A hammock system can crossover and be a tarp/bivy system without much effort allowing an even wider geographic range of use. Most hammock tarp systems can go to ground pretty effectively (warbonnet superfly for 4 season) and the hammock (or bugnet portion of it) can be used on the ground as bug protection. Poncho for ground cloth or bring Polycryo. One of the main issues weight wise is that if you brought a dedicated hammock underquilt then you wouldn’t have a ground pad in a go-to-ground scenario. Putting your underquilt in your pack liner (maybe along with your reflectix sit pad) can create enough of an air/feather/material combination to serve as an effective ground pad. Some discussion here – https://www.hammockforums.net/forum/showthread.php/122939-Turning-an-Underquilt-into-a-Pad-(going-to-ground-ewww!) I have not seen in my experience that you can trap enough air to support your weight all night but I’m not convinced you need to since it is combined with other items. This liner ( http://www.zpacks.com/accessories/airplane_case.shtml ) works for me because of the pad size it creates. 20.5″ wide x 37.5″ tall. Stick the pack under your feet.
3. Lay on the diagonal. A lot of beginners try to sleep in line with the hammock, curving their bodies into a banana shape. I find that this takes a lot of effort, because with a good sag, your feet naturally slide to one side or the other, finding a “pocket” of fabric. By angling your body askew of center, you fall into a ergonomically flat position (it looks a bit like a recumbent bicyclist), where the hammock takes away all the pressure points naturally. The diagonal lay is the key to comfort in a gathered-end hammock.
Again, with any system, there are pros and cons to using self-inflating pads or mats. I'm sure you can imagine how devastating it would be if an inflatable pad or mat was your only insulation system while out on a hiking trip and you discover while setting up your sleep system for the night that it has a hole in it. Bad news unless you also carry a repair kit!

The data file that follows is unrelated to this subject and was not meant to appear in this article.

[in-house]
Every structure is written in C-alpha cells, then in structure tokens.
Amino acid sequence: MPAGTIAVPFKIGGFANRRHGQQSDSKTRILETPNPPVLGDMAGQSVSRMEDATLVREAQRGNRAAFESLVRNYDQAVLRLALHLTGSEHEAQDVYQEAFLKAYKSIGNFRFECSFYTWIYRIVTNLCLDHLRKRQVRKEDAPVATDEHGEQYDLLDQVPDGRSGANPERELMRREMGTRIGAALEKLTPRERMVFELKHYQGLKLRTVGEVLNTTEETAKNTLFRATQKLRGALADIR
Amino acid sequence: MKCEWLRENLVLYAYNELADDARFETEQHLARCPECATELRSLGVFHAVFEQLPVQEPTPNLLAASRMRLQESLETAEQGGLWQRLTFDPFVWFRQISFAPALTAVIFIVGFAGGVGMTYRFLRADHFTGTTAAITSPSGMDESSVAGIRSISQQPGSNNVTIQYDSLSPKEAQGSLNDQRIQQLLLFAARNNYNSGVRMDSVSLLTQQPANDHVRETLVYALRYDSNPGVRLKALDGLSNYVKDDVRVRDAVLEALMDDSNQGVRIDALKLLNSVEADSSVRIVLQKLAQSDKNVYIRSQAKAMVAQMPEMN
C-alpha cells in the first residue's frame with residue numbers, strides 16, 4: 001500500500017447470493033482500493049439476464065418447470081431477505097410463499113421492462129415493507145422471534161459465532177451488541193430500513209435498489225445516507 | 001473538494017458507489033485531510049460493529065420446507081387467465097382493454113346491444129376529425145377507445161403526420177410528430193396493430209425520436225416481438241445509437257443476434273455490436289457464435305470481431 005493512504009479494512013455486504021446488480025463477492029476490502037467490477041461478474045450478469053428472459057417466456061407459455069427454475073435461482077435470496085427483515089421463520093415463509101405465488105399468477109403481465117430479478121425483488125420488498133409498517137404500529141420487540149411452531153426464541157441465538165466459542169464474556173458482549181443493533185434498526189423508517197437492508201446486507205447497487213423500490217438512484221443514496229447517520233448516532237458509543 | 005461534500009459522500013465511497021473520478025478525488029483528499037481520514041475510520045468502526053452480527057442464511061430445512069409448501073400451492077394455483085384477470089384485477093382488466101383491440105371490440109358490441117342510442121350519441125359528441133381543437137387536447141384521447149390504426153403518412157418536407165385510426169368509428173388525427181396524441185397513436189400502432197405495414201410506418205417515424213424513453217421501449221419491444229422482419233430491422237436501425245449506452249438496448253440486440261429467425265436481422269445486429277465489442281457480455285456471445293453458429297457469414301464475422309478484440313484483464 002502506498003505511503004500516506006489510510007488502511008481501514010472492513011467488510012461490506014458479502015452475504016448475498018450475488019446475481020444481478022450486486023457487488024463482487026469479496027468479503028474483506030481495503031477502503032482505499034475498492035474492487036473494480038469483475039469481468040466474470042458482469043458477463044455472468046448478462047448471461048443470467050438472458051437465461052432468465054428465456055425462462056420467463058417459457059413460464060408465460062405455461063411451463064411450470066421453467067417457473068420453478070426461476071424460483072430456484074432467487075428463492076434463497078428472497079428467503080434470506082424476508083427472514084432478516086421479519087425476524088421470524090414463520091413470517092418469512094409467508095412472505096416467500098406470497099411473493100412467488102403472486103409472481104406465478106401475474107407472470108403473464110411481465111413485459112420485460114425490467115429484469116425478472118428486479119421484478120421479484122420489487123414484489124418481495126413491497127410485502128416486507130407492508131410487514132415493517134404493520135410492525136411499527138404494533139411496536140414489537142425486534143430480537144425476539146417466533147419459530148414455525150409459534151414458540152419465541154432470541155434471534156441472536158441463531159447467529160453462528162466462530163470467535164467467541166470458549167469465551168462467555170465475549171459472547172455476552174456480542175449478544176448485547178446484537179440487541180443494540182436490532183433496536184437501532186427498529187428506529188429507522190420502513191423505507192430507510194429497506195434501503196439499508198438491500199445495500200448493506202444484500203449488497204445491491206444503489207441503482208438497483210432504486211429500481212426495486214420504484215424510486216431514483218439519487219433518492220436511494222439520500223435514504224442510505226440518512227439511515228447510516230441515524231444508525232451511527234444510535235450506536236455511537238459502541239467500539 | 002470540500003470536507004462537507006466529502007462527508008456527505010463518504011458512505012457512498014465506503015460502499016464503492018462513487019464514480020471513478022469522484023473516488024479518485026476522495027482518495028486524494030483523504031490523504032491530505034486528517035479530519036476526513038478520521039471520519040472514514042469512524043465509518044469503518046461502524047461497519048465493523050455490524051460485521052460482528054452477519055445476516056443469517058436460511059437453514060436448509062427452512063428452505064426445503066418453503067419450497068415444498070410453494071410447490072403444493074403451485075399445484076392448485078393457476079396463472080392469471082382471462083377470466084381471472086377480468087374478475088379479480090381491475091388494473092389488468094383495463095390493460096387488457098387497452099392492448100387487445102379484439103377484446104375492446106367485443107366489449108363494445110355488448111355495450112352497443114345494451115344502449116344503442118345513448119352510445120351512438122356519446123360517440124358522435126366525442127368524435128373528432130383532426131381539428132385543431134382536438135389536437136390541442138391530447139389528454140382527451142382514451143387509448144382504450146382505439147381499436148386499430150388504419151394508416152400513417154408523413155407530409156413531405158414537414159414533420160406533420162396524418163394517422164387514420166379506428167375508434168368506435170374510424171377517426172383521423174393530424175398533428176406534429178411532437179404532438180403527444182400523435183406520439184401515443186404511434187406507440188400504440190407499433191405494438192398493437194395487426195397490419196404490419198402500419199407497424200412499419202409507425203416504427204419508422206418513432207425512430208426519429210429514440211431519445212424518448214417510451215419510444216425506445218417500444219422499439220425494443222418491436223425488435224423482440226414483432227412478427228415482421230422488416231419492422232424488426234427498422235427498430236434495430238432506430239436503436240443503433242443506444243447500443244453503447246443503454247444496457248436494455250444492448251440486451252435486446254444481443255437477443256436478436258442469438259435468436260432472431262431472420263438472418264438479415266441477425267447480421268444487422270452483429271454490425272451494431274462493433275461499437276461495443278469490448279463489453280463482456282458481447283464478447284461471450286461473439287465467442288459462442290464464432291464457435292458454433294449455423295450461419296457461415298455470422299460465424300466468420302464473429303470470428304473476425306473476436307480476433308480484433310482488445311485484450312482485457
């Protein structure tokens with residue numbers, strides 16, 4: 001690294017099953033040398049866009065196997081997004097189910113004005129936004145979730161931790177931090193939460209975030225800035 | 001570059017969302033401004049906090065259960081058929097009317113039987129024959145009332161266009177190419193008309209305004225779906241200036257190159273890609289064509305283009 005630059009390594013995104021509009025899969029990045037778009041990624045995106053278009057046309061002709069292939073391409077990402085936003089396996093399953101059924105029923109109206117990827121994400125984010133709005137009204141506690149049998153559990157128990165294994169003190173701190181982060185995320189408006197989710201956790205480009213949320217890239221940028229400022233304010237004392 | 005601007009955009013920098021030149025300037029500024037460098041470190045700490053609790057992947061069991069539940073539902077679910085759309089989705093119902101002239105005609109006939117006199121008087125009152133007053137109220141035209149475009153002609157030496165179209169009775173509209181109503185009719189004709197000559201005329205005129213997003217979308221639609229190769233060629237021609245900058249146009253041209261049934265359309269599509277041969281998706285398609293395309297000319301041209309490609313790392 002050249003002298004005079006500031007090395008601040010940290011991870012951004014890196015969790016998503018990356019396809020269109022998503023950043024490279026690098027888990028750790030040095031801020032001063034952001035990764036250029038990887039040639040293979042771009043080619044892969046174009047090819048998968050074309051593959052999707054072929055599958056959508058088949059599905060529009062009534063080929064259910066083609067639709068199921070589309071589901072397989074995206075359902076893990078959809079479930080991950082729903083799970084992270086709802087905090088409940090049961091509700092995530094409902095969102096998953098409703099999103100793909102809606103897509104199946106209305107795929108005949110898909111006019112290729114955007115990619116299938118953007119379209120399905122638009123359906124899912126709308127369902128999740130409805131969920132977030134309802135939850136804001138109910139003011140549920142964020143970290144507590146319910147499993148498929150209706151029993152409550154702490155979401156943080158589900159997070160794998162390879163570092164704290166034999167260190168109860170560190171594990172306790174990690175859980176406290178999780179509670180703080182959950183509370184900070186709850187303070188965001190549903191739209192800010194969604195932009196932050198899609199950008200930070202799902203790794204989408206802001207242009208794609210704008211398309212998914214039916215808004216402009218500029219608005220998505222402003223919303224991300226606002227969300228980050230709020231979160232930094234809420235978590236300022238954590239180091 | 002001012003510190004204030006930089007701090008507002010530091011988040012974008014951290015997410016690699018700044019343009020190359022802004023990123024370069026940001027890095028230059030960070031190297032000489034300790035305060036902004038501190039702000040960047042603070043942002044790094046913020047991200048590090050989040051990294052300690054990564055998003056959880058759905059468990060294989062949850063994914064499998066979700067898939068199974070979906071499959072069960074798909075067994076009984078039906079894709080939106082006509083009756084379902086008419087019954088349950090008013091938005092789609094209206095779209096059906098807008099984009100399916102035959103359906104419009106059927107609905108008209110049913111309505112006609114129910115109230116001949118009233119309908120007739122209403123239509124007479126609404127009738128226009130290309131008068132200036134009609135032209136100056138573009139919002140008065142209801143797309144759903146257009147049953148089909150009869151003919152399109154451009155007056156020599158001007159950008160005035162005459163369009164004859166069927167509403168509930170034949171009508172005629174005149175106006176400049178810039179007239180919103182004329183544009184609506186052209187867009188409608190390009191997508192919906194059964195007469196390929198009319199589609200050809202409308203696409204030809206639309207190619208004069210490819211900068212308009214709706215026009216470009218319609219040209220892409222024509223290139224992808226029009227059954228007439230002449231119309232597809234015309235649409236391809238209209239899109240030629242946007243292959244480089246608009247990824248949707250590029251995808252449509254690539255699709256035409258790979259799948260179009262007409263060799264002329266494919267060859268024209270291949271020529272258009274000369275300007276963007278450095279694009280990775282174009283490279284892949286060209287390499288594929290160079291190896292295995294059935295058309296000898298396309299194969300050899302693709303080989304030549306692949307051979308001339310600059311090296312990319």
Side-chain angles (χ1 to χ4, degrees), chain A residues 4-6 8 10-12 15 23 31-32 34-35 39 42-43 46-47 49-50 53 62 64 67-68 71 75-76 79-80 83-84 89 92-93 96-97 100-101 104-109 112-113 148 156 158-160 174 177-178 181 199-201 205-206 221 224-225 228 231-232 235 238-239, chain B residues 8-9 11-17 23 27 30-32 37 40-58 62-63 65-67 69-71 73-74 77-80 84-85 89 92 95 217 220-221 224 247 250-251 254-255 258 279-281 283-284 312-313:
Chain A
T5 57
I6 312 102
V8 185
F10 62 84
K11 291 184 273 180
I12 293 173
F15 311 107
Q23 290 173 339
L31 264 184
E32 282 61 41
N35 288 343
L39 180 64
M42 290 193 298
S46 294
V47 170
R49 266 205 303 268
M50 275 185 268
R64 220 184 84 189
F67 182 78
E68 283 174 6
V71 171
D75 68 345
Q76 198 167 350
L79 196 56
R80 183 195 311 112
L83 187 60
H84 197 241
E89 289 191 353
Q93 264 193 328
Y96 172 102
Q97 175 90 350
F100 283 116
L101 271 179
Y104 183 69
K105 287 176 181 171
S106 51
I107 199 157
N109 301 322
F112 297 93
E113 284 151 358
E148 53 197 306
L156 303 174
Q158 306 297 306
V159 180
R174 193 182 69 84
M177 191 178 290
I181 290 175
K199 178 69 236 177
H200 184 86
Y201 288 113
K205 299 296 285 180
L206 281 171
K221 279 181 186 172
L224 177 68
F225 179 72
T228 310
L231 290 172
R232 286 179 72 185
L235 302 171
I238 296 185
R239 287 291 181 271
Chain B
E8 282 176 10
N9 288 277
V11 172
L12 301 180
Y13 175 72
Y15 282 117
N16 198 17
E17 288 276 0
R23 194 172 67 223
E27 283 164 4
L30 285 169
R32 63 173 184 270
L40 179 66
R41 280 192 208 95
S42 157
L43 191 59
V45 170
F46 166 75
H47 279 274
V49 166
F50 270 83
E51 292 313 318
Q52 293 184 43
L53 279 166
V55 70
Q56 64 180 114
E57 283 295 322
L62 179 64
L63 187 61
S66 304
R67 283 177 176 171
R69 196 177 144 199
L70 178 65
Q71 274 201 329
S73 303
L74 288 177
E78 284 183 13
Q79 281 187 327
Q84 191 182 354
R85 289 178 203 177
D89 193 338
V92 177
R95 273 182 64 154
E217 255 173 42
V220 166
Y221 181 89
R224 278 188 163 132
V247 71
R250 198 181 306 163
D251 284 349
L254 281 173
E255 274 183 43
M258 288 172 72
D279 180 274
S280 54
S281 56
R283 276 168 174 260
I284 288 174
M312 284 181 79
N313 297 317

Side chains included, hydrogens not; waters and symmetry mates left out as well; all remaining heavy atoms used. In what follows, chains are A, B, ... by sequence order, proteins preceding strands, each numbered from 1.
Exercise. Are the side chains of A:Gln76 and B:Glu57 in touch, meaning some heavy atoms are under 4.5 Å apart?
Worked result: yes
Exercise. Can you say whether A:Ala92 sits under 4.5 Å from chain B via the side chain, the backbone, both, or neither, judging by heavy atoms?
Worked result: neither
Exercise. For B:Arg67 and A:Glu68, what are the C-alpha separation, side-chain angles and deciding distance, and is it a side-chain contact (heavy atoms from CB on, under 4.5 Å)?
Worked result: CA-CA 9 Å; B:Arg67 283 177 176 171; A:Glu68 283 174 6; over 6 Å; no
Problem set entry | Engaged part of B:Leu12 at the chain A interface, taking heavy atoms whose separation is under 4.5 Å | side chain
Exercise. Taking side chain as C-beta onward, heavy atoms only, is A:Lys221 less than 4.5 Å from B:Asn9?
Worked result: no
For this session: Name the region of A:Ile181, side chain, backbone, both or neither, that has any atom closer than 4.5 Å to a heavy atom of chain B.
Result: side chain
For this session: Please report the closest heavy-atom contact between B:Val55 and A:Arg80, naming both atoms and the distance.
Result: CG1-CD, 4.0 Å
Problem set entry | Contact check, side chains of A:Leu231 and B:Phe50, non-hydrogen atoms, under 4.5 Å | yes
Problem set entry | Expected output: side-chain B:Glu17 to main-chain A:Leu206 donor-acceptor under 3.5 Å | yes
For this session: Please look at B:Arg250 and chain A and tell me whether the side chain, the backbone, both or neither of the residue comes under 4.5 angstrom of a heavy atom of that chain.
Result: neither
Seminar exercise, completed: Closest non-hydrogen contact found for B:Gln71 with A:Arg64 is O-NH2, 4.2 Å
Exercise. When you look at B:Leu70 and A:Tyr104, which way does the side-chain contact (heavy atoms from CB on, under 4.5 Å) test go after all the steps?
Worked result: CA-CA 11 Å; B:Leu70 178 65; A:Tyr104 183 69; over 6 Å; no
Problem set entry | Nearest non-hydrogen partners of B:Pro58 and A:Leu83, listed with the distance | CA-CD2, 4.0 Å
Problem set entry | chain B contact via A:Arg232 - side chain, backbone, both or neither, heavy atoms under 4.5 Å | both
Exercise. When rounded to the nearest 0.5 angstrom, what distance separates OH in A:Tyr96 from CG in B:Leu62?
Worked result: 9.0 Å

1. The practical approach. Swing both feet over the same side, plant them on the ground, sightly spread apart, and turn your torso a bit more towards that side so that you can push up with one arm. Push until you are sitting in an upright position. You then have the difficult choice to make, whether to stand up the rest of the way or let gravity win and pull you back into the hammock where life is good.
I’m a special forces soldier in the Army and found hammock very useful in jungle environments (a necessity). The amount of bugs, snakes, spiders, chiggers, ticks, rodents, ants and other creepy crawlers that will give you a hard nights rest is limited if you are trying to save weight not taking a tent (the military patrols don’t take tents) but most importantly flash foods from heavy rains wont wash your gear away if you hang it from your hammock rope. I had some buddies in the Philippians that learned that hard lesson. If you don’t take a net, a ThermaCell is a must have.
Buy a tarp with adequate coverage. To sleep warm and dry in a hammock you need to keep wind and rain away from your hammock body. Smaller diamond or asymmetric tarps, e.g. the Hennessey Hyperlite Rainfly, affectionately known by some as a “napkin tarp,” may not provide adequate protection from blowing rain, or from the cooling effects of wind. While a few ounces heavier, a more pragmatic choice may be a larger hammock-specific “hex” tarp. A fairly standard hex size is a 10.5-foot ridgeline with an 8.5-foot width.
Setting up a Hennessy or taking it down can be very fast if you use Snakeskins. These are nylon tubes that you slide over your hammock when you pack it up. Rather than dismantling the rain fly and the hammock, you roll them together tightly while they are still hanging and slide the Snakeskins over them starting from each tree until they meet in the middle. This forms a long snakey nylon tube which I store in an external side pocket on my pack. When you go to set the hammock up again, all you need to do to tie it off on two trees and slide the snakeskins towards the trees, which wil unfurl the hammock and fly. All you have to do is to stake out the fly and your hammock is fully set up. Snakeskins greatly expedite setup and tear down, particularly in the rain, and can greatly help in keeping the rest of your gear dry.
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Another common complaint from tent campers is the insect problem that comes with any open air camping. A tent protects you from biting buggers as long as you’re not leaving the door open. But most hammocks will leave you completely exposed to mosquitoes. Fear not! Many options exist for you to protect yourself from biting insects. Many bug nets are designed specifically for a hammock. They’ll give you complete 360 degree protection.